A museum fine arts photographer is responsible for taking and making accessible high quality photographs of collections, exhibits, research, and public events for a wide spectrum of uses, including books, magazines, including newspapers, other publications, photographic archives, and the Web site.

To have someone credited in this role in an institution of the status of MoMa with one of the widest modern art collections in the world is no small thing. Olatunji feels understandable pride in his achievement – “me good boy”.

He explained how much control he had over the recording of these famous images. “They send the word to the Museum studio and me make the entire decision for the image.” And capturing these images (much like restoring them) is no simple point and click operation.

Mali makes the point that he doesn’t take images, he makes them; and it’s not hard to hear the wistfulness in his voice when he reinforces that his intention in returning home was (and remains) to work with artists in Antigua and Barbuda.



This is a photo Mali took of me in New York (reading Jamaica Kincaid’s Lucy) – Note how I’m almost disappearing in to the tree. The version of this image that appears in Mali’s book has this to an even more heightened degree, as the image is much more textured due to the woodist layering. It’s quite ghostly.



I singled out some of the MoMa art images captured by Mali in the article but I thought I’d mention some of the images. Since I can’t mention all 1000 plus, I’ll mention some of my faves.

Okay, I mentioned the Gauguin ‘The Moon and the Earth’ before but did you know it is based on a Tahitian legend; he moved to the Pacific island in 1890 from Europe. It is oil on burlap and is part of the Lillie P Bliss Collection at MoMa.

There is also Vincent Van Gogh’s ‘The Starry Night’, 1889 – oil on canvas – acquired through the Lillie P Bliss bequest; Henri Rousseau’s ‘The Sleeping Gypsy’, 1897 – oil on canvas – a gift of Mrs. Simon Guggenheim; Andre Derain’s ‘Bathers’, 1907– oil on canvas – from the William S Paley and Abby Aldrich Rockefeller funds; Salvador Dali’s ‘The Persistence of Memory’, 1931 – oil on canvas – given anonymously; Wilfredo Lam’s ‘The Jungle’, 1943 – gouache on paper mounted on canvas – from the Inter-American Fund; Roy Lichtenstein ‘Drowning Girl’, 1963 – oil and synthetic polymer paint on canvas – from the Philip Johnson Fund and a gift of Mr and Mrs Bagley Wright; and Pablo Picasso’s ‘Sleeping Peasants’, 1919 – tempera watercolor and pencil on paper – from the Abby Aldrich Rockefeller Fund.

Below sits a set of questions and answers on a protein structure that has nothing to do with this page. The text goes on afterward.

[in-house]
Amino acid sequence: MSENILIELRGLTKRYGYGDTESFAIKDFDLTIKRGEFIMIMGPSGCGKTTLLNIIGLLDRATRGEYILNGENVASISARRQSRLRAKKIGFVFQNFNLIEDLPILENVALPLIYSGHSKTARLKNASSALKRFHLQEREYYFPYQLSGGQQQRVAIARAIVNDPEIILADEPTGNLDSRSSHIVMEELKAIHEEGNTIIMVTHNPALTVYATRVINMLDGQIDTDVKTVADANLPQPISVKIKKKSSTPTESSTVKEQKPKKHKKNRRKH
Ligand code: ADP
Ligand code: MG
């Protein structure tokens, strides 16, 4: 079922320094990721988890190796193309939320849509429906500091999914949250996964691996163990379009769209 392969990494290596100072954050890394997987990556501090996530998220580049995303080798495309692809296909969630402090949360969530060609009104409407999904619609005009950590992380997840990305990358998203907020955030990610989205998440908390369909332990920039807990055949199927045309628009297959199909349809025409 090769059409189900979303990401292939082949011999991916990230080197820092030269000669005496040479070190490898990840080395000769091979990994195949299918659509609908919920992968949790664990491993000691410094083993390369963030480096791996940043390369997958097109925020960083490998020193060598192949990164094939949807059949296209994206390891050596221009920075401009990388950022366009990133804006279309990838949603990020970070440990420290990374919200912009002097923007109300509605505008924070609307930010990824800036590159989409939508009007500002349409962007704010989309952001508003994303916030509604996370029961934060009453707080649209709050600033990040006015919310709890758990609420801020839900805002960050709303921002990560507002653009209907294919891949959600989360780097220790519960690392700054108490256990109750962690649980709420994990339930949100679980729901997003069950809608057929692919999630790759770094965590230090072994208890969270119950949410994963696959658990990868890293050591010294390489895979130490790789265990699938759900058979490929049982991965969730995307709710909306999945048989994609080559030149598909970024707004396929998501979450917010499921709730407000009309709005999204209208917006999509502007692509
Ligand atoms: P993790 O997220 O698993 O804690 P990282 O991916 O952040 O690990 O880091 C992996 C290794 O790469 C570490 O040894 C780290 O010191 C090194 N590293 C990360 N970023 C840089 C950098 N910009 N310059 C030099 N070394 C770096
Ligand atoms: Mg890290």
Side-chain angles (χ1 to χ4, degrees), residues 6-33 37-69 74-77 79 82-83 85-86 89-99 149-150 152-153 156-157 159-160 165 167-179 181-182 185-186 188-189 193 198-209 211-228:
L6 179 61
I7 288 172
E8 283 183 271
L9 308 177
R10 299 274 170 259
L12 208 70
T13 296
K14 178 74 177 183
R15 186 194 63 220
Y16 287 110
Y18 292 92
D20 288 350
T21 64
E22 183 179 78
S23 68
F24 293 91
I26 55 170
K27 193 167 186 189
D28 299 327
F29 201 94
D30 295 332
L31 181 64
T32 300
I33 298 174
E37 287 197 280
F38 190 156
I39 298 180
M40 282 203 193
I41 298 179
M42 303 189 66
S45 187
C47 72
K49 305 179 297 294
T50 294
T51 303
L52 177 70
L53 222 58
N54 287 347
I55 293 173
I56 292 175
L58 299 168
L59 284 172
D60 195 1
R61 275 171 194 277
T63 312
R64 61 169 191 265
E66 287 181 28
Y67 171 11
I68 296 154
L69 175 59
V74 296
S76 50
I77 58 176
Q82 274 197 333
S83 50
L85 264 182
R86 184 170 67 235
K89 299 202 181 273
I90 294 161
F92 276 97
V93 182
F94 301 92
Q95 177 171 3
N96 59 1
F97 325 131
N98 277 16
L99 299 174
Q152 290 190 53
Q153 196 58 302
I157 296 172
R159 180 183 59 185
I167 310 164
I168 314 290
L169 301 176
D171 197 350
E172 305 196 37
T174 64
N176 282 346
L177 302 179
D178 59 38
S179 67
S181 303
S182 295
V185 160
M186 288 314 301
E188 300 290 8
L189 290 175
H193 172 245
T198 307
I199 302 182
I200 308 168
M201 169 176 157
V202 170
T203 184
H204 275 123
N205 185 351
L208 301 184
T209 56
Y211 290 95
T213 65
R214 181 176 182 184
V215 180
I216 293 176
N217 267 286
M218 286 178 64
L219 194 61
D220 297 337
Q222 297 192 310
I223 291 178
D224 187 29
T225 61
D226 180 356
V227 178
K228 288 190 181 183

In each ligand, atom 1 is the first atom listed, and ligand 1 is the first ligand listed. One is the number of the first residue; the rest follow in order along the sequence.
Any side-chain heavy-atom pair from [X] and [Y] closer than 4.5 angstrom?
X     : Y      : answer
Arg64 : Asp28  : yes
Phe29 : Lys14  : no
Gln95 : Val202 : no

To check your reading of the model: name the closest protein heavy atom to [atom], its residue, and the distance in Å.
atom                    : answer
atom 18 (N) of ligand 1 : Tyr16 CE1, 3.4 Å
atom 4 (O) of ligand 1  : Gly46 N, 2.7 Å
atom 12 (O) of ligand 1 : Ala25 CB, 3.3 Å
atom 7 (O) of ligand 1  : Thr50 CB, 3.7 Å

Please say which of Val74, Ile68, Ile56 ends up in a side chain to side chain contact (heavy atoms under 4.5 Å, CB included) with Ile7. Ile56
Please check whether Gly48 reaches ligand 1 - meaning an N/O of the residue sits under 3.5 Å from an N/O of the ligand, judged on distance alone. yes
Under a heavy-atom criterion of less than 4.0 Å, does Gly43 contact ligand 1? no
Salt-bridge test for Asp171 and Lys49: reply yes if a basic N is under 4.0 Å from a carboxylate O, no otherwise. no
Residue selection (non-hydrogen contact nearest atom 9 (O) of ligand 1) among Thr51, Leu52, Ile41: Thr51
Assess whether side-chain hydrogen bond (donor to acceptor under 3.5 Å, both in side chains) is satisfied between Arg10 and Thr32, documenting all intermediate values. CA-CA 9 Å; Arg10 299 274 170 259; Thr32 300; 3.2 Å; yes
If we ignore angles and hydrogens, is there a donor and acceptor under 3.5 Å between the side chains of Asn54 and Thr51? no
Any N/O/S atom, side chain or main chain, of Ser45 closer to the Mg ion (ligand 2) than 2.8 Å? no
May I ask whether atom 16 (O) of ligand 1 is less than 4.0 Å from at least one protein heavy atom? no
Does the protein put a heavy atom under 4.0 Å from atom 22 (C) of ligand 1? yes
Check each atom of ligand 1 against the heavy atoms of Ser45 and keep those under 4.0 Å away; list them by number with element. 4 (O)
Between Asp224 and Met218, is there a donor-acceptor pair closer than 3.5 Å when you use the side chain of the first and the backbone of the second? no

I found the story of three patrons coming together and hiring a young art school graduate to curate a modern gallery that has come to be a premiere gallery, building its collection over time through a combination of donations, art loans, and purchases from contributed funds, and of course commercial museum activities like events and print sales, to be quite interesting. I know we don’t have the resources of even a Depression era America, but do we have any resources or inclination in Antigua and Barbuda for a national art gallery project? More importantly, do we have the “enlightened patronage and imaginative leadership” to quote the MoMa book?


I wrote about Mali’s book in 2015 when it came out. Here’s the link.


I wrote a review for The Antigua and Barbuda Review of Books. Here’s the link.


It’s perhaps no surprise that this artistic innovation of Olatunji’s is so steeped in honouring the ancestors (a jumbie is a spirit that has crossed over) considering the considerable influence of Mama. A Mama-ism, you don’t try to do your best, you try to do it the best it can be done. This informs his commitment to doing things the right way (measure twice, cut once; look ahead) – something he can be a stickler about.


If you would like to be featured in a future CREATIVE SPACE or to pay for a (web only) sponsored post  (on exclusively), BOOSTing your BRAND while boosting Antigua-Barbuda Art and Culture, contact Joanne.